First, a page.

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    1. Thanks What ho! I am glad you felt compelled to read it despite travelling only once by the local and despite being a victim of pickpocketing. That should be proof enough that a nagging strain in the writing does exist and people are suckers for being nagged 😀

      And the reason you got relieved of your wallet has nothing to do with being a Madrasi but that ‘asadu’ was written all over your faces. *runs away before being clobbered*

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  13. Lovely Zephy! The only thing you forgot to mention was a game of cards played while standing in the local train in Mumbai! Something to be seen to be believed! I roughed it out for an year and can relate to everything you said, in good old days:)

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    1. You forgot that I travelled in a ladies compartment and have heard about it, not seen it 🙂 There are bhajan mandalis too, much to the chagrin of the other commuters! The best thing about the locals is that after a while these things either stop bothering you or become part of your consciousness. But of course, that is true of all things in life, isn’t it?

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  14. AlkaGurha · · Reply

    Lively observations! I guess Delhi metro ride is different from the Mumbai local experience.
    I haven’t been in a Mumbai local train, only seen it in movies.
    Today I took my first metro ride from Gurgaon to INA……pleasant experience. Even though I had to pole dance for most of the time. It was crowded.

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    1. Mumbai locals are stuff of Bollywood stories, indeed. I used to get the stuff for my articles by observing the commuters and letting my imagination run amok. Metro crowd that ways is more professional and reserved except for groups of students. Maybe in another decade or so things will begin to be like Mumbai locals, though we will never have the vendors or the beggars to add colour and character. The Delhi Metro is the pride of the nation that way.

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  15. hey, that is a beautiful piece, I could almost see you hanging out of the elusive “fourth” seat on the train. very nice.

    the time business about Mumbai is so right. decades ago, i stayed for four days and the friend who was driving me to the place of business, would be anxious about “catching” the 8.29 green signal for a signal free corridor or something like that. I would gape at him disbelievingly wondering what would be so wrong if he did not and then I realised that it meant a whole “15” minutes delay and going by Mumbai standards, that is a “sin”.

    great piece. I hope you are going to publish your blog pieces some day.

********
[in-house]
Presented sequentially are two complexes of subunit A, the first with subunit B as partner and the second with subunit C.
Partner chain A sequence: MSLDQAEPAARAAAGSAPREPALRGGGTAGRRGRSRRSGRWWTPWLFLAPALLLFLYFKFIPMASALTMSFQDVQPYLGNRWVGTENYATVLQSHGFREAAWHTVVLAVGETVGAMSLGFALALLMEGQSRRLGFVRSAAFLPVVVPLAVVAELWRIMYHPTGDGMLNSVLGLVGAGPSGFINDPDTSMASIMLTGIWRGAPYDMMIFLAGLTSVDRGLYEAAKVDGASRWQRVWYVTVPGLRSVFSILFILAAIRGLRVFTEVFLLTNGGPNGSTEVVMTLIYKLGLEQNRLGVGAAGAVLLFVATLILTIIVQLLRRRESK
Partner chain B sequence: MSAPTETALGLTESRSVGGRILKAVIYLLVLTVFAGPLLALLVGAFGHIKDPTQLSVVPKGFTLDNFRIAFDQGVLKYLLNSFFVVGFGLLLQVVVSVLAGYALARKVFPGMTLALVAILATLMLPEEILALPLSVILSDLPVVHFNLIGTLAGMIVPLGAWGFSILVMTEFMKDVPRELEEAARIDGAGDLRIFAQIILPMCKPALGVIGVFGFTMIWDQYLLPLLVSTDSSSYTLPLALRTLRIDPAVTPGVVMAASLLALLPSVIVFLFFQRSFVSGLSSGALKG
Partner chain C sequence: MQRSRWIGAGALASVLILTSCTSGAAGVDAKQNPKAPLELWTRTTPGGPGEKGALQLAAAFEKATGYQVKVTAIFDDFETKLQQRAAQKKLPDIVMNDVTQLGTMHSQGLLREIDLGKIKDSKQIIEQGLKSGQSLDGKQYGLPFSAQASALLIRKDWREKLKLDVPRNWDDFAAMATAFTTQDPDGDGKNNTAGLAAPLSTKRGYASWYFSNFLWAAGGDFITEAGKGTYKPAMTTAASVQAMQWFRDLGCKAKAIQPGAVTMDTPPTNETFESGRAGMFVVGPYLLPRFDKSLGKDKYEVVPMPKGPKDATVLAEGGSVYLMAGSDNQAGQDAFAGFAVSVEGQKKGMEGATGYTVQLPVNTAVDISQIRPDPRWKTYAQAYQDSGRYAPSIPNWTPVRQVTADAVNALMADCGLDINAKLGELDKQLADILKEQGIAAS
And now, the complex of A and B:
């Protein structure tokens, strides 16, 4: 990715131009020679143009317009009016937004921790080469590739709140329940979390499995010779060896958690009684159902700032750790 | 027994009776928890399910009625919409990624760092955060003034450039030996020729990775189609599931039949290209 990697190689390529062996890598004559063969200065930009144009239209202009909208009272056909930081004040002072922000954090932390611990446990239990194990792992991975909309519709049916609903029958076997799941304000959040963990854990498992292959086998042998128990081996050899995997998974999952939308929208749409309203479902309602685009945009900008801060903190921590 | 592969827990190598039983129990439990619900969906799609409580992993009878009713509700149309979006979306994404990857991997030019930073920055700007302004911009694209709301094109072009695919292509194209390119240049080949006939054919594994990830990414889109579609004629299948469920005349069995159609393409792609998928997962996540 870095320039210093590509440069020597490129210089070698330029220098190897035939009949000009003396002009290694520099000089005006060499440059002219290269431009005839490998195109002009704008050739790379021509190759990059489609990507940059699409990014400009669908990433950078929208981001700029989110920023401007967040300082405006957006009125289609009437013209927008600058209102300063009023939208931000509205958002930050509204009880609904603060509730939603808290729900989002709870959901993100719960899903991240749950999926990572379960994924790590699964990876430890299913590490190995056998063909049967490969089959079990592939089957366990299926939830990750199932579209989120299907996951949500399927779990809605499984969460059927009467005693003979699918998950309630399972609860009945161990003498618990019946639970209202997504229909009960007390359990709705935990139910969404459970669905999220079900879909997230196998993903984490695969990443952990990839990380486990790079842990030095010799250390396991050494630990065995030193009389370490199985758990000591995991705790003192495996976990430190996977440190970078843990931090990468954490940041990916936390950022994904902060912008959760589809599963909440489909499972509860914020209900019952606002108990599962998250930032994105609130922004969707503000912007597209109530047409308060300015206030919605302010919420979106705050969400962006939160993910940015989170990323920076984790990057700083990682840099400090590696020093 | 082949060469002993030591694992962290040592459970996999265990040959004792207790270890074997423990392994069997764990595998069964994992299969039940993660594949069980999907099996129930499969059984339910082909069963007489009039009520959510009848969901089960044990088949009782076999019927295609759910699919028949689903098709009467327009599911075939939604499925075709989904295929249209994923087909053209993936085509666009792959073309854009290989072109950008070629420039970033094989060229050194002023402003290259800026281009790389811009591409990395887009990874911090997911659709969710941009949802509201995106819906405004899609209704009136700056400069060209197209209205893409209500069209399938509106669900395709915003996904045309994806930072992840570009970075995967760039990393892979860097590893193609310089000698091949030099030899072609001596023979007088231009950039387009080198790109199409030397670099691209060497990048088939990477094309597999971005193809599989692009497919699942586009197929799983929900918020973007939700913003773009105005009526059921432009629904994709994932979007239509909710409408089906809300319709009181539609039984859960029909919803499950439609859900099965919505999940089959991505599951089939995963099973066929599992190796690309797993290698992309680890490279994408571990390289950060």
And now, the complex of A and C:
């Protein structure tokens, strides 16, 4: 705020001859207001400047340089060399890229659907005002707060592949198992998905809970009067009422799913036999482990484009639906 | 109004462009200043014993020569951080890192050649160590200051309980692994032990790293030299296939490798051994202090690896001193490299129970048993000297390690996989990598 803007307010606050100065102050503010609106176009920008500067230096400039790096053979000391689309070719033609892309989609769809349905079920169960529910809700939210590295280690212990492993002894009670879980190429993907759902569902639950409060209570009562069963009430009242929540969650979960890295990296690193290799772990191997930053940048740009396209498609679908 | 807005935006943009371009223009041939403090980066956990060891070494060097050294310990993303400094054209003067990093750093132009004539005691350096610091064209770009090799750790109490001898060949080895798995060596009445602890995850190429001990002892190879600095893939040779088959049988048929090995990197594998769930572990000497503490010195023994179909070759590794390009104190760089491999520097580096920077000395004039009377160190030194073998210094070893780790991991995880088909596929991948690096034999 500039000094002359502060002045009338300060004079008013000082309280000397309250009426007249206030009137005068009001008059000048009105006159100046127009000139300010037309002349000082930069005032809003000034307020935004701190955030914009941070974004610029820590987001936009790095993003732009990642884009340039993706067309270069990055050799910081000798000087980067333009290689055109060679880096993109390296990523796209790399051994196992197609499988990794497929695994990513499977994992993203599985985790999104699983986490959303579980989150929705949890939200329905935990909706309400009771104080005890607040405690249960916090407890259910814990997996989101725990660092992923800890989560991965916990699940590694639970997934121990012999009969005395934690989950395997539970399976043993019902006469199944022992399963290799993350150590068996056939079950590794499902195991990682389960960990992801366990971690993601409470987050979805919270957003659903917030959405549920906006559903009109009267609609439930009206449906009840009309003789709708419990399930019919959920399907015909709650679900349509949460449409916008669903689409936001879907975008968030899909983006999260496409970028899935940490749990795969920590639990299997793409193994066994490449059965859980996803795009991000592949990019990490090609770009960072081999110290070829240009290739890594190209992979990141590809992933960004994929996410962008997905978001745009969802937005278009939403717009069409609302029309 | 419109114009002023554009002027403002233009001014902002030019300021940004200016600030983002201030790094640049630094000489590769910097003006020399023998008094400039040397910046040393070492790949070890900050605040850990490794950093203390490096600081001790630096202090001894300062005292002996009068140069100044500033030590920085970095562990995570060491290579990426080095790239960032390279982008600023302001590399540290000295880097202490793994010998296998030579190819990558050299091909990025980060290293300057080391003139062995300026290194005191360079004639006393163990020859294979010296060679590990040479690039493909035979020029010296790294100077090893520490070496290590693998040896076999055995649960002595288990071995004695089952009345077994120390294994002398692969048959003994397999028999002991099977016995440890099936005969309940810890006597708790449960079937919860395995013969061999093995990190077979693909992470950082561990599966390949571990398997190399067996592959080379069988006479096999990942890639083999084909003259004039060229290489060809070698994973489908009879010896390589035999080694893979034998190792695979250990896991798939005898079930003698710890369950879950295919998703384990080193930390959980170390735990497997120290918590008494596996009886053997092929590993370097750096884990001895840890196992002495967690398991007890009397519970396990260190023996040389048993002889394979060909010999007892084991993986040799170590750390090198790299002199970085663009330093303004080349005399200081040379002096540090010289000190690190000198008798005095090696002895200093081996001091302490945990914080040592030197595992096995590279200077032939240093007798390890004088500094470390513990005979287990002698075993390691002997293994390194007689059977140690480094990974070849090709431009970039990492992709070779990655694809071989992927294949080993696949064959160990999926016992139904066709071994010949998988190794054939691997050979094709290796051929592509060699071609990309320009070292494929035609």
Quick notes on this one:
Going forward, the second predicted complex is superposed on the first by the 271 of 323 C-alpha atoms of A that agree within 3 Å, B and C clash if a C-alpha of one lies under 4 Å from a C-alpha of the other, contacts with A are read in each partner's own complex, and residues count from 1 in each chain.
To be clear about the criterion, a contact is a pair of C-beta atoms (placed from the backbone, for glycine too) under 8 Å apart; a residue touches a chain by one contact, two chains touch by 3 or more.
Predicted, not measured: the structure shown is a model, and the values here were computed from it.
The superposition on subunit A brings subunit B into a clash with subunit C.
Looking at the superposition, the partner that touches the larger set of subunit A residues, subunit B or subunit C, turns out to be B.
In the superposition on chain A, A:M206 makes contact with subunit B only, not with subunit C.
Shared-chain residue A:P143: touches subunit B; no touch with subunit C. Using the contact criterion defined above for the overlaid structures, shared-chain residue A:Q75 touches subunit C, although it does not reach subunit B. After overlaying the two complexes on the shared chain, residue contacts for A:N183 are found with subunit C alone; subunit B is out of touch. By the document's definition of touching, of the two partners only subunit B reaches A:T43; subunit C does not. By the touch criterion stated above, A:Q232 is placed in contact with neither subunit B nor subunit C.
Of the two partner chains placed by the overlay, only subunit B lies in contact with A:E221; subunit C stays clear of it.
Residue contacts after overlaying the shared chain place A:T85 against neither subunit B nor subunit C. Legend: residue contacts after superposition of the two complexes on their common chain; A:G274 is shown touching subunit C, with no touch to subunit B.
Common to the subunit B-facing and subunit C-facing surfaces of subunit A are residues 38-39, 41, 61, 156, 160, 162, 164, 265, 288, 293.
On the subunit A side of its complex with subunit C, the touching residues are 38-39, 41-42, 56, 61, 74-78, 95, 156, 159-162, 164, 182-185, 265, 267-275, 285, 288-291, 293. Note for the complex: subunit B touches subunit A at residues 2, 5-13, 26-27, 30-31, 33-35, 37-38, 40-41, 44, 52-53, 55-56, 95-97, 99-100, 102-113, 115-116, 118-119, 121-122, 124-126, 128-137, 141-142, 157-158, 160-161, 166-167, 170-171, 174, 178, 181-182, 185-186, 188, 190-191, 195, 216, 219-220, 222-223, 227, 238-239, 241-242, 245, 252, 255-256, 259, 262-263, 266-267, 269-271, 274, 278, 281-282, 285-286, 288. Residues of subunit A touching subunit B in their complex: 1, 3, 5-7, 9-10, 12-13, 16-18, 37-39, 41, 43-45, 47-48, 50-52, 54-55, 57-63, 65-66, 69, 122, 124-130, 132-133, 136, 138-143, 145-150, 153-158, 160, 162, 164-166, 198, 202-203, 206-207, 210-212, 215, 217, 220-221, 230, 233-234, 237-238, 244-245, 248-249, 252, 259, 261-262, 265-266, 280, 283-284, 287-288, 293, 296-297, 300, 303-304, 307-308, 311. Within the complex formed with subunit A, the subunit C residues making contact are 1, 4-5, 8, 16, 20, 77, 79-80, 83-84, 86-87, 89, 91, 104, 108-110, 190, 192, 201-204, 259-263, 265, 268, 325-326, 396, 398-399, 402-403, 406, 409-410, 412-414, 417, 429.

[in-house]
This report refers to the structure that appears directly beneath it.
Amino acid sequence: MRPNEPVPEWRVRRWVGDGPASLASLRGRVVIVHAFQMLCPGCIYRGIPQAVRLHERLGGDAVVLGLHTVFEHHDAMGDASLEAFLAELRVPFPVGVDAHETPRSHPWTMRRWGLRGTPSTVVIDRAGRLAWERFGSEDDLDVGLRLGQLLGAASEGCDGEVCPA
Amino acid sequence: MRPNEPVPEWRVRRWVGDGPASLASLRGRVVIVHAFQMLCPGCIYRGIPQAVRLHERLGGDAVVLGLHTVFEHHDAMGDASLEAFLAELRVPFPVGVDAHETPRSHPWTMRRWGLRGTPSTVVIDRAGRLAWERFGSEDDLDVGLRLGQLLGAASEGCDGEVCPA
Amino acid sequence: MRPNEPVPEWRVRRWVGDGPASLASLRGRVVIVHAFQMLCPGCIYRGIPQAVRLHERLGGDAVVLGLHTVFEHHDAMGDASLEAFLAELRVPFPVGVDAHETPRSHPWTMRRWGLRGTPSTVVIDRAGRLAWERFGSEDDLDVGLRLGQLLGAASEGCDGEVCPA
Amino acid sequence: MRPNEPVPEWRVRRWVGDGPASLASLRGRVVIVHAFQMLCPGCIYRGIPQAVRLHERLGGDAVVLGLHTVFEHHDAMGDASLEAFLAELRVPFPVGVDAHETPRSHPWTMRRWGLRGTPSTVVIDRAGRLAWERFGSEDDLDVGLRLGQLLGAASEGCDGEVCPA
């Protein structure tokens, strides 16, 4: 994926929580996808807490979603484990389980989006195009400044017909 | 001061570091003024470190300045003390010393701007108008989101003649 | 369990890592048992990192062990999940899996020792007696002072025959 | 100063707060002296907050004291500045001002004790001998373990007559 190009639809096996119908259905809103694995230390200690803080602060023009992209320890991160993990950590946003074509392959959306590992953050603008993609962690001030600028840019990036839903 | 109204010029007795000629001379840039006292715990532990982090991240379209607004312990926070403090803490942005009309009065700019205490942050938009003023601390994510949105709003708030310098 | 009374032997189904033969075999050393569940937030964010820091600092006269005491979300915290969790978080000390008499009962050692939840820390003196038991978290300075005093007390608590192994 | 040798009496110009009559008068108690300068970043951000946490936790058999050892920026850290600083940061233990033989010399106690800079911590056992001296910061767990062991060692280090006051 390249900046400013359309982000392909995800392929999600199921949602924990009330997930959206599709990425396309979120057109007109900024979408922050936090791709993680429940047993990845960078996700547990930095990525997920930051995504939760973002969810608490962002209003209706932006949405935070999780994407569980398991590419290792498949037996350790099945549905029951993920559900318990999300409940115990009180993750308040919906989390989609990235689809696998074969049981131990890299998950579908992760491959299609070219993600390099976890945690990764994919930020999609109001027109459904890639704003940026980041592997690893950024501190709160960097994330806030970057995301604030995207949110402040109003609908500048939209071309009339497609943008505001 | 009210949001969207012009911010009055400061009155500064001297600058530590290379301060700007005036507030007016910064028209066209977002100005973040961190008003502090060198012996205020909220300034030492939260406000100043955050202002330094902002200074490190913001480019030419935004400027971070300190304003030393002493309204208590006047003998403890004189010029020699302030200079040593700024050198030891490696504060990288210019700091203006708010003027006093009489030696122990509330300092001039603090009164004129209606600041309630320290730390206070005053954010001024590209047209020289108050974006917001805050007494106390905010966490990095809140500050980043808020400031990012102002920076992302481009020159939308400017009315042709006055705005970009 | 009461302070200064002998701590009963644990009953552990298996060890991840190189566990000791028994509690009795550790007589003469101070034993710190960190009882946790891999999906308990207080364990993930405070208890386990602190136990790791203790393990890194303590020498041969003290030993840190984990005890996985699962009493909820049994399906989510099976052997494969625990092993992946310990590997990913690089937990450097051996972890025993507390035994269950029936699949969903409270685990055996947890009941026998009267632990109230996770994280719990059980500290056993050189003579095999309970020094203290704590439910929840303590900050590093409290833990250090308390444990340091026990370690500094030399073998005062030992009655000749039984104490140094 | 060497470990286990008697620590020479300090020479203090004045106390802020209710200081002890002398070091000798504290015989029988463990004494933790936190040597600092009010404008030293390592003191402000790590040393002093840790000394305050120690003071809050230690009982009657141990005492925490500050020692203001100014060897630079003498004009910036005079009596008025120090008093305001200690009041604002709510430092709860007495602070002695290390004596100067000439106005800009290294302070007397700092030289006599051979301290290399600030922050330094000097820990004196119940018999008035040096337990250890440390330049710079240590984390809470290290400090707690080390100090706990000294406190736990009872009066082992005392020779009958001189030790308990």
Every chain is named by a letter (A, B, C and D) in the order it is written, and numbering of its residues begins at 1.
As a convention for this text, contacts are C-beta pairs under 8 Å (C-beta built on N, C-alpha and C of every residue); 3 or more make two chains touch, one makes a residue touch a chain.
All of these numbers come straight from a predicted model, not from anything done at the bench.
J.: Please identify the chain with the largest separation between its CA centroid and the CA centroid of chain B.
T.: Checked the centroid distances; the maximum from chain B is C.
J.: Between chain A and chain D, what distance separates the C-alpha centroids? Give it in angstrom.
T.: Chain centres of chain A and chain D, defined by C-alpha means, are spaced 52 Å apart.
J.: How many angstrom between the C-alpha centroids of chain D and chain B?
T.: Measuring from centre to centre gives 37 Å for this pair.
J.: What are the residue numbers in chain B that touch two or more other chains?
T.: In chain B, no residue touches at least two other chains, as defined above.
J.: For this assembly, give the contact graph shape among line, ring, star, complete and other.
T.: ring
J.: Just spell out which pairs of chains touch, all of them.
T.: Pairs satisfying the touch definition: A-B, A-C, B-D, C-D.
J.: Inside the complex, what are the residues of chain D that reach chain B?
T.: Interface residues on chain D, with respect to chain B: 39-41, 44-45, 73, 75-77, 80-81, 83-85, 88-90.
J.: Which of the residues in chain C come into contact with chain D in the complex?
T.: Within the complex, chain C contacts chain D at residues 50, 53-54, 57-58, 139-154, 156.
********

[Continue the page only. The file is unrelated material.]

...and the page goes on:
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    1. Nice to see your beautiful smile here after a long time 🙂 The fourth seat is really a pain, but one which you can’t pass up because of the possibility of it becoming a third one 😀 As for the cumulative delay, I couldn’t afford to be late for the simple reason that I needed to come back on time too — with two kids and a home to run while my colleagues were mostly single and could afford to come late and leave late. So the tension of catching the precise local.
      As for publishing the pieces, I wish I could find a publisher, but tumhare munh mein ghee shakkar for suggesting it 🙂

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  16. I love travelling by trains-local or otherwise. So many people to see, so much to hear. And one place where even in a crowd I could be alone.
    but for the past couple of years have not ventured on the local alone. Too afraid to try but your post encourages me… maybe this summer I will try 🙂

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    1. Do it. One way to conquer fear is to take it head on and then dare it. It usually is there as a mental block which goes the moment you step into the adventure. It gives you tremendous self confidence, especially if you have become slightly handicapped and have needed some help in the recent past. If I can do it, so can you 🙂

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  17. Tee hee. And then, bam!

    Am born and brought up in Mumbai, so a healthy dose of train-traveling is inevitable. Started immediately after finishing school. Teenage wisdom led us to play pranks for thrills: Get in a 2nd class compartment of a Virar fast at Churchgate, move your way across to the other side, and get down at Andheri. Bets for 100 bucks.

    Over the last five years or so, have mostly lost touch with it all. For almost a year I traveled the wrong side – Andheri to Borivali – so the very much existing wrong side traffic was useful in a sense. But other than this stretch, I’ve been very sporadic in my travels. Nowadays, I value my time a bit more so prefer autos and taxis, rather than trains. Thanks to this, I totally lost all touch with what ‘closeness’ really meant.

    Some weeks back I traveled by train after almost a year – and what a reality check it was. The crowds and noises that I had been used to were unsettling me now. I was shocked at the change in myself – this was not the real me. I would like to think that a feeling I was used to, I would never forget. But this was surprising. And the revelation even more unsettling. Deep introspection took place, and after a couple of weeks when I retook the same journey, I was more comfortable.

    Ages back, Readers’ Digest had a beautiful snippet on the trains, let me try recollect: